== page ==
When I teach the history of medicine, I ask students to think about how everyday people — people much like themselves, but in more Puritanical garb — responded to symptoms such as runny noses, sore throats, sprained ankles, and relentless diarrhea. Today, when we are experiencing a change in our bodily status, we Google it, determine that we are dying, and then, maybe, call the doctor for an appointment. What did people do hundreds of years ago?
If they were lucky and there wasn’t a physician around to bleed them (more on that another time), and if they were unlucky and there wasn’t a knowledgeable midwife around to tend to them, they were likely to turn to a book. There were many household medicinal books in print from the 17th century onwards. Assuming they or a neighbor had one and could read it, everyday folks had much of the same information available to them that any trained physician or midwife would rely upon. One of the most reliable and trusted of these books was — and continues to be — Nicholas Culpeper’s The Complete Herbal. When I asked the instructor to recommend some starter guides at the end of my first herbalism class, I was stunned when she recommended Culpeper. This is a volume I use to teach students about medicine of the past. To think it would now become my own reference seemed incredible.
First published in 1649, The Complete Herbal, remains in print today. The edition most currently available is Culpeper’s Color Herbal (Sterling Publishing Co., Inc., 1983), which combines the original text with colored illustrations and modern day uses.
According to herbalist Dylan Warren-Davis, young Nicholas began studying astrology at the age of ten, sometime around 1626. He also snuck into his grandfather’s library to read the medical books shelved there. His grandmother passed on her own knowledge of herbal remedies. By the time he arrived at Cambridge University to study (but never to graduate), he was deeply interested in medicine. He spent his time reading Galen and Hippocrates rather than learning the theology his family expected him to pursue. A rebel in more ways than one, Culpeper eventually left Cambridge and found himself disinherited by his family. At this point, he decided to pursue an apprenticeship with a Bishopsgate apothecary. By 1640, Culpeper was married and living in London’s East End, where he had a vibrant practice dispensing astrological and herbal remedies to his patients.
Nine years later, Culpeper began publishing medical texts. The first edition of The Complete Herbal appeared in 1653 under the title, The English Physician. In the volume, Culpeper sought to make the knowledge used by physicians readily available to patients who either could not afford to see a physician or who did not have one nearby. The entries for each herb included the Latin name, but were organized by the common English names — Daisy, rather than Bellis perennis, for example. He wanted people to be able to treat themselves, safely and effectively. Firm in his belief about the relationships between the cosmos and plant life, Culpeper included astrological information for each plant as well as his own experiences with their utility in treating specific ailments and conditions. For those who wanted to know more about medicine, Culpeper also put his Latin and Greek to use translating Galen and other texts into the English vernacular.
In my history of medicine class, I give students pages from The Complete Herbal and ask them to think about the knowledge it gives and requires. Take a look at the page here. Think for a moment about what it assumes you know.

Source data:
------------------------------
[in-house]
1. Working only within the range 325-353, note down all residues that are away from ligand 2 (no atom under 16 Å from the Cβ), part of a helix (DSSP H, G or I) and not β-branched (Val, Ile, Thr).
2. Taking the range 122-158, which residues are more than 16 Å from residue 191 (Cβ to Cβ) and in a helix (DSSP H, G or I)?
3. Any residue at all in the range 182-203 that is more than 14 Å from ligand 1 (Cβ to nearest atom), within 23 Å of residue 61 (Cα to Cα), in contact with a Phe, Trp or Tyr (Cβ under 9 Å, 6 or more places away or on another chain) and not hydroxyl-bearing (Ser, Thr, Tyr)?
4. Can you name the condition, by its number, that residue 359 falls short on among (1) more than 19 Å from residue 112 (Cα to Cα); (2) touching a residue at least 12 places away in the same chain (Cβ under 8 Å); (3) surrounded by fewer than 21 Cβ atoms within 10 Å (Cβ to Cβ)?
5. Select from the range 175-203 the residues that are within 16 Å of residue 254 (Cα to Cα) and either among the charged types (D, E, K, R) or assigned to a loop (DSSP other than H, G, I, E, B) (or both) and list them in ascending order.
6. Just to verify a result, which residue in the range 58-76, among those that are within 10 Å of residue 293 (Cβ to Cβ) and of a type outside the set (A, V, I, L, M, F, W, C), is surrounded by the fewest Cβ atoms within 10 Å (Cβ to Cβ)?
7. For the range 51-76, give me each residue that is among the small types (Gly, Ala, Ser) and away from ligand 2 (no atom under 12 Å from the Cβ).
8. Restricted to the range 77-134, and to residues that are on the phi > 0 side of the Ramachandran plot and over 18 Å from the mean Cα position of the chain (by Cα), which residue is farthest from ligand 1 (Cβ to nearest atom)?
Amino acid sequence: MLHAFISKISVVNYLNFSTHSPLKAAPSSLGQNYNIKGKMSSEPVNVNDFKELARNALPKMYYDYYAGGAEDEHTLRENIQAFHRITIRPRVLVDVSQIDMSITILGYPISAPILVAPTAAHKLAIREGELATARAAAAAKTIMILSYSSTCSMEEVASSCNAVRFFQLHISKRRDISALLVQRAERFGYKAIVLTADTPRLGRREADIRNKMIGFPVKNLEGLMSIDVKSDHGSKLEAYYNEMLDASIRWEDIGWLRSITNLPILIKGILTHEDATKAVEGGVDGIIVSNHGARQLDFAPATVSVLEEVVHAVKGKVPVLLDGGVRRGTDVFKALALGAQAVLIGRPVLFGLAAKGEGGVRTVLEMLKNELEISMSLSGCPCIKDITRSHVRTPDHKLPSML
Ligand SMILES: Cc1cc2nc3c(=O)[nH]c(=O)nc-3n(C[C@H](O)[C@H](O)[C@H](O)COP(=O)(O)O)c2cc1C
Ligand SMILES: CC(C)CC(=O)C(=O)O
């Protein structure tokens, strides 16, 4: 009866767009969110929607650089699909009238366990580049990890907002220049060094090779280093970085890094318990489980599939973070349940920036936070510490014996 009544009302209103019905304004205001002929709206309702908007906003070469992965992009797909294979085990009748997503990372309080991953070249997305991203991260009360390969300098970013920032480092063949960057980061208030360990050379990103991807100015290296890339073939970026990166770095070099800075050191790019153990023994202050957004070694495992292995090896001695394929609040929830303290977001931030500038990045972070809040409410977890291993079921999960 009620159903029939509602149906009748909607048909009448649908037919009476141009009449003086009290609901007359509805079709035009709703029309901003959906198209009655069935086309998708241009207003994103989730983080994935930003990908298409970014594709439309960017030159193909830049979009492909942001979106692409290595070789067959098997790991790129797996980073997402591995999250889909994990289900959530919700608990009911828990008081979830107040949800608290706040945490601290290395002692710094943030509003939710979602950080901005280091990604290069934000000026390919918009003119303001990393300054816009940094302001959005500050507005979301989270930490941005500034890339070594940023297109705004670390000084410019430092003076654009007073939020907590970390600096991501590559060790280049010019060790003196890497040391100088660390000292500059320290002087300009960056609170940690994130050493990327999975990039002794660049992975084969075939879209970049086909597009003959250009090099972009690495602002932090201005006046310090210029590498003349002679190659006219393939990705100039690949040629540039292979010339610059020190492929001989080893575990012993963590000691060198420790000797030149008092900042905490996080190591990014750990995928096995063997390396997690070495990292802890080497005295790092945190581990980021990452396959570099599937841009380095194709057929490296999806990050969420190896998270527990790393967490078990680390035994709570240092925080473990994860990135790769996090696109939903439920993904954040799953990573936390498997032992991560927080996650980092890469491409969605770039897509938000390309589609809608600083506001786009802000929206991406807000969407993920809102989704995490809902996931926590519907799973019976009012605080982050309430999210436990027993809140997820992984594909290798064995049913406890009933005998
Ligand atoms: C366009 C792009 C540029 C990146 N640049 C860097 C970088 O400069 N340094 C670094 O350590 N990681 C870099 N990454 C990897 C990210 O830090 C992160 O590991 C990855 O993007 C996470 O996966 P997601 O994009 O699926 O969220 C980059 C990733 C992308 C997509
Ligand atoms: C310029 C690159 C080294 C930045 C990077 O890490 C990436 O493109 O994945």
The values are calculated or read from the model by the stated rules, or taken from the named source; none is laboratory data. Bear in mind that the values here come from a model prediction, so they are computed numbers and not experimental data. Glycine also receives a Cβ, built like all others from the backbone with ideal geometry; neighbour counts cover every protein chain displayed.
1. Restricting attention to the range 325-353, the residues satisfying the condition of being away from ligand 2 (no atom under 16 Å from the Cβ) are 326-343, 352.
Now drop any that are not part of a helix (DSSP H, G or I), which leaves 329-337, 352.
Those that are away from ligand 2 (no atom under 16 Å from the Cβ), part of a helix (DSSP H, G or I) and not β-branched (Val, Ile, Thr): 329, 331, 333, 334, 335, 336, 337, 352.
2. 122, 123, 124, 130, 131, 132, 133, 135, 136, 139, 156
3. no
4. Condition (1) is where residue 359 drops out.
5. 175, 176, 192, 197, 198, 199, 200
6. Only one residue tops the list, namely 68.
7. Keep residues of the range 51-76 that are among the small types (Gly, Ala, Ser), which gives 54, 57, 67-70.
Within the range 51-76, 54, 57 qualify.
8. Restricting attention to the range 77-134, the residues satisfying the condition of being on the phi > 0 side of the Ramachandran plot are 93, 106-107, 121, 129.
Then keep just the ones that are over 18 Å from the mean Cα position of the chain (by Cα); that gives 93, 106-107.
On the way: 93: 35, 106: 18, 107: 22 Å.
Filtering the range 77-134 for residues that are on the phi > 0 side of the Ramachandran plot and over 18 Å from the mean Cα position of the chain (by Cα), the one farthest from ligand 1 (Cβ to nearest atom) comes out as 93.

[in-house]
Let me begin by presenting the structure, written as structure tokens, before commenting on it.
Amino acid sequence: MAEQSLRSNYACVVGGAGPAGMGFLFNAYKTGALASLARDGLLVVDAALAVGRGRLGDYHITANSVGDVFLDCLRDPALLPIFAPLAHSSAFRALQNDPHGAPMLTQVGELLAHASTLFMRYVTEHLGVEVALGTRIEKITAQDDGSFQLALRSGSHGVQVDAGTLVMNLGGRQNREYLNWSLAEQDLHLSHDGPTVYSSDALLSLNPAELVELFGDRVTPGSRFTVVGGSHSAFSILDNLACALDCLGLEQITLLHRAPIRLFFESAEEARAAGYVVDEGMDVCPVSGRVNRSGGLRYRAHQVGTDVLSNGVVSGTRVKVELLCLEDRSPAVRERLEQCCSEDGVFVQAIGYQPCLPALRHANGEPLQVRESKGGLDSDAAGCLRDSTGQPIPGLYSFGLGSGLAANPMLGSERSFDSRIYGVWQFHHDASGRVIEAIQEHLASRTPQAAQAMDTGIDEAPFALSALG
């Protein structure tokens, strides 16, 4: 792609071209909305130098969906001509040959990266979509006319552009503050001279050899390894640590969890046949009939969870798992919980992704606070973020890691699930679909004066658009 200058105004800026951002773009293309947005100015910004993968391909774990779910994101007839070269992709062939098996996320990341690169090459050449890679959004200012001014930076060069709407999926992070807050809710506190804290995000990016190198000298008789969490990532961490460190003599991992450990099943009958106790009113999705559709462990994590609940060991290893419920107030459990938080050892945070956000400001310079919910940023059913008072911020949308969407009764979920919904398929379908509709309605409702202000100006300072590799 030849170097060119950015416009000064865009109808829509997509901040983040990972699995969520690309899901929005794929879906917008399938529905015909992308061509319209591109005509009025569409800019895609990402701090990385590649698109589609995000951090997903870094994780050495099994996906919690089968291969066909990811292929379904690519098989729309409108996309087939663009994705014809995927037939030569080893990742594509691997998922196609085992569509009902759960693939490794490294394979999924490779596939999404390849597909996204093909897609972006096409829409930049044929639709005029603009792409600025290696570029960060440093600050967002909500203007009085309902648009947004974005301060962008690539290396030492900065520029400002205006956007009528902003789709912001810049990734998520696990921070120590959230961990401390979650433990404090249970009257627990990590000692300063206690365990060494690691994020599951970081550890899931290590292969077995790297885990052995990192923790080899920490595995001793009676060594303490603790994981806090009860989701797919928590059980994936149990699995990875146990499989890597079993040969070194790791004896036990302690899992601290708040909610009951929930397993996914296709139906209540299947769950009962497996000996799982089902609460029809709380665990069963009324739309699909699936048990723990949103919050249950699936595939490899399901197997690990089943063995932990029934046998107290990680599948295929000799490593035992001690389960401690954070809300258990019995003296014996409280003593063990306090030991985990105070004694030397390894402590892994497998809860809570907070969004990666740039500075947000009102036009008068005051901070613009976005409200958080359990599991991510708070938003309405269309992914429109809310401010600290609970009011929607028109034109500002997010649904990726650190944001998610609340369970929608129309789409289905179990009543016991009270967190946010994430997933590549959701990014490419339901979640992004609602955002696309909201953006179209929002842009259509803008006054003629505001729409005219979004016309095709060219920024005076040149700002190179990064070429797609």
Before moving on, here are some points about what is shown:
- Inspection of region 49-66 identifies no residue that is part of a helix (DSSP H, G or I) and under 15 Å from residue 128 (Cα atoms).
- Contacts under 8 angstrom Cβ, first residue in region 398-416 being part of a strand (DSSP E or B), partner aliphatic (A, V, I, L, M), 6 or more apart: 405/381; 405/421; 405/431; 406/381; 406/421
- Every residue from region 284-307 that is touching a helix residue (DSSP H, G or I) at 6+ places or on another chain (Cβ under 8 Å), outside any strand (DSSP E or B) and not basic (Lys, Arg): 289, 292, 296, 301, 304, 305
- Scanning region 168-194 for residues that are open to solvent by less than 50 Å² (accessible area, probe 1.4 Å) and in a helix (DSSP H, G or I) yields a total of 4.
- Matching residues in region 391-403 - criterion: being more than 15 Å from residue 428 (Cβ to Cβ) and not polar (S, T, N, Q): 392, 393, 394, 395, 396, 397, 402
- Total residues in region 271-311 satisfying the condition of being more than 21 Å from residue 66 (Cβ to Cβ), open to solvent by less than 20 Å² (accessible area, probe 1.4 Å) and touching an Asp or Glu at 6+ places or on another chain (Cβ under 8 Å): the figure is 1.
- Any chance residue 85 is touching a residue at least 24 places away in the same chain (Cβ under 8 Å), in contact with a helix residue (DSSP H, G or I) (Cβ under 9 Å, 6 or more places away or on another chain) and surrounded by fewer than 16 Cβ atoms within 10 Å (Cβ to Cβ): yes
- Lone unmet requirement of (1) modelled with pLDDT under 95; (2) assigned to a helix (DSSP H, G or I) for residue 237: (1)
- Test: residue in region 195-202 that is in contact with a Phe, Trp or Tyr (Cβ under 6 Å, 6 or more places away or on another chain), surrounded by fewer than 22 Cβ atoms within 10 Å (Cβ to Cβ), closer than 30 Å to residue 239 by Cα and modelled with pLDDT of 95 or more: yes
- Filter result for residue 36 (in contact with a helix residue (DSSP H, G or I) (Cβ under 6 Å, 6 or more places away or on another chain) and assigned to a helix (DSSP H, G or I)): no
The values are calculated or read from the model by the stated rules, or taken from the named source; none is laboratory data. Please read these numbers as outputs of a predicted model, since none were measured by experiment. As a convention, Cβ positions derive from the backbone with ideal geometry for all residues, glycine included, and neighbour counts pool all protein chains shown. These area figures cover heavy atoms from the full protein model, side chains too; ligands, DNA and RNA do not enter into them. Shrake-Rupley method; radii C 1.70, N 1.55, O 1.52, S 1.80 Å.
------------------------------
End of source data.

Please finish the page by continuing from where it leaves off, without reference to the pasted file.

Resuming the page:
The assumption that we all know what it means that “Venus challenges this herb under Libra” is interesting. But beyond that, notice how many conditions it assumes the average reader is familiar with — kibes, chilblains, gout, dropsy. Note the knowledge of preparing medicinal juices, distilling water, producing ointments. And what about familiarity with anatomy? The entry also directs the reader’s attention outdoors, to think about their local landscape and where they might find “stony ground” and other places where kidneywort might thrive.
This last point — familiarity with the landscape — is one that always surprises students. I think this is because it makes them realize how unfamiliar they are with their own local environment. As I discussed in an earlier post, I was startled to find plantain growing all over my yard, even though I walked by it multiple times a day. The local landscape is something that my students tend to move through, not connect with. This isn’t because they don’t appreciate nature or time in outdoors; most of them do. But they are busy. Like so many of us, they move through the landscape in order to get from one place to another, rather than for its own sake.
Culpeper recognized that many of his contemporaries, even if they lacked formal education, had local knowledge that, when properly applied, could improve their health and remedy disease. His insistence that everyone had a right to this medical information infuriated many of the leading medical practitioners of his day. They argued that the knowledge was too complicated, that in the wrong hands, it could be dangerous. Their desire to maintain their status and profits certainly did not go unnoticed. Ultimately, they won. Centuries later, medical knowledge was — and to some extent continues to be — carefully guarded through regulations, licensing, and other professional apparatus. We may all know how to do an internet search to determine that our deaths are imminent. But we cannot walk through our landscape and see the plants that can benefit our bodies.
This is one of the things I find so intriguing about wildcrafting herbalism. There is knowledge to be reclaimed, and, in doing so, there is the potential to find a new relationship with the planet, with our bodies, and with our health. Thank you, Nicholas Culpeper.